Public Knitting VENT

Ok, I know I've been gone for oodles and oodles of time, so first things first- hi! Hope everyone is doing well =)

So I've been working on the Ravelry Cerys Baby Blankie by Leah J. Williams... only I'm expanding it to be a full size adult blanket (6'x6'). It's a great project, but on size 8 needles, it's taking some time. I opted to work on it on the train on my way to/from work. And here, gentlemen, is where I need some love and support.

I've knit in public before and have never been bothered, except by someone who was curious about what I was making, or something like that- never anything malicious. However, tonight I was riding home, tired, and working on my blanket. I had my headphones in, minding my business, when I noticed that the woman across the aisle had her phone pointed at me. She was probably about 28-30, dressed in a pencil skirt and ugly, beige, chunky heels. I saw her smirking, and as I looked up at her, she took a picture of me. "How do you know she took a picture?" you might ask- she left the flash on like a moron.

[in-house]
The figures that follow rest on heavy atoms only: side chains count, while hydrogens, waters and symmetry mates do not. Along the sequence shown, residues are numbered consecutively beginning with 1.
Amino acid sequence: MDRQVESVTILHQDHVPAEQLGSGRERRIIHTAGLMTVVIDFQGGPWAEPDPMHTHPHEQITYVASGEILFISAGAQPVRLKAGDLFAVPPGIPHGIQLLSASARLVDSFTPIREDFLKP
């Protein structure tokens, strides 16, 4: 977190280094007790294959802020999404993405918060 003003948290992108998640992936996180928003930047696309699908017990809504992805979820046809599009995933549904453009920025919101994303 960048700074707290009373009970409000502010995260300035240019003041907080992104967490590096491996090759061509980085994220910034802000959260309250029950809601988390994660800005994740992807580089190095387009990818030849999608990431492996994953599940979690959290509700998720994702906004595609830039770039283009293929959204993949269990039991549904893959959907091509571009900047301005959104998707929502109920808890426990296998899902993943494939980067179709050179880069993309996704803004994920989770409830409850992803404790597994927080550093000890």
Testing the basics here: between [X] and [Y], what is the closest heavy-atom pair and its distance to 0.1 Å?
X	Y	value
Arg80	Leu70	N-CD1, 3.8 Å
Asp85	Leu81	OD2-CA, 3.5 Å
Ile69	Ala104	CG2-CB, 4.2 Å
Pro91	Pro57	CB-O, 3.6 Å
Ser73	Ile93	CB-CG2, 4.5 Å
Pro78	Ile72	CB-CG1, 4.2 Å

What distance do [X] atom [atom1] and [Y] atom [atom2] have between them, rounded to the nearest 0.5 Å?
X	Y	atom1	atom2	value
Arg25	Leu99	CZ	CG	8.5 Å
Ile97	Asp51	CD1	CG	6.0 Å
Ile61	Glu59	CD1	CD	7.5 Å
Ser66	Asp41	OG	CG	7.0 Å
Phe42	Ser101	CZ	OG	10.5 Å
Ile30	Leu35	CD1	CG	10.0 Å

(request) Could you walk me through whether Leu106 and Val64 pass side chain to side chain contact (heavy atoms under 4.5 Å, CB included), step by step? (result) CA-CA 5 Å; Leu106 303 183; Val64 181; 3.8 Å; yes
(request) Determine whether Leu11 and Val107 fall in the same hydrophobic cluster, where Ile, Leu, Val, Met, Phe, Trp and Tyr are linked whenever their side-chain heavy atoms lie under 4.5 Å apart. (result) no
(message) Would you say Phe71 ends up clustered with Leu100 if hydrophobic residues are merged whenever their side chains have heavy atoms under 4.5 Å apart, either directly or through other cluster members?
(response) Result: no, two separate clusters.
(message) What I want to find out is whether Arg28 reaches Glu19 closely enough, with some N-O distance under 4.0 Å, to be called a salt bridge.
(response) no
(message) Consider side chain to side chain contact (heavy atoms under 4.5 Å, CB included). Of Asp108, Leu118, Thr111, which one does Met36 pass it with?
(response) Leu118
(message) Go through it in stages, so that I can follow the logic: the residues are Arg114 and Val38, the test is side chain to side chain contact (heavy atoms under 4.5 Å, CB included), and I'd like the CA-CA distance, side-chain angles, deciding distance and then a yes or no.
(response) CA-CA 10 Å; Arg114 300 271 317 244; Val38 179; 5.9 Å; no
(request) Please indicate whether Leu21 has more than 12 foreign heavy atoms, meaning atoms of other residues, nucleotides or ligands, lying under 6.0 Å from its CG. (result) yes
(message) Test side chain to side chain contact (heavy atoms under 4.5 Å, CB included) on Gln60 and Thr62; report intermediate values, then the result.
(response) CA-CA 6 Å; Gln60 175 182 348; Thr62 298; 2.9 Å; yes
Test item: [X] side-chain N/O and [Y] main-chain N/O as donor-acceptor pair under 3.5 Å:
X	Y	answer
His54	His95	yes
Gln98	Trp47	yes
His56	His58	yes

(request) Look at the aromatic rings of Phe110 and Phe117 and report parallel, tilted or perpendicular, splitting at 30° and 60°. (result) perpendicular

I didn't want to create a scene or become emotional, but I was very, very upset by this. I chose at first not to say anything, going back to my knitting. My hands were shaking, and my tension was so off I could barely move the stitches on the needle. I felt so violated, knowing she was probably putting that picture online somewhere with some snarky comment, or sharing it with friends, laughing at my expense.

After a minute or so passed, I became so angry that I put down my knitting, took out my headphones, took out my phone, and took several pictures of the woman with my flash on. I smiled, she gave an embarrassed smile and got off the train. I wanted to scream at her.

I felt so violated by what she did- so much so that even now I am having trouble letting the incident go. What a heinous violation of someone's privacy to take a picture of them without their consent for the sole purpose of belittling them. Has this, or something like it, ever happened to you guys? How did you handle the situation? I'm curious, since I'm sure I could have said or done something, but my anger was so enveloping that I could not even think what to say to her.




cacunn's picture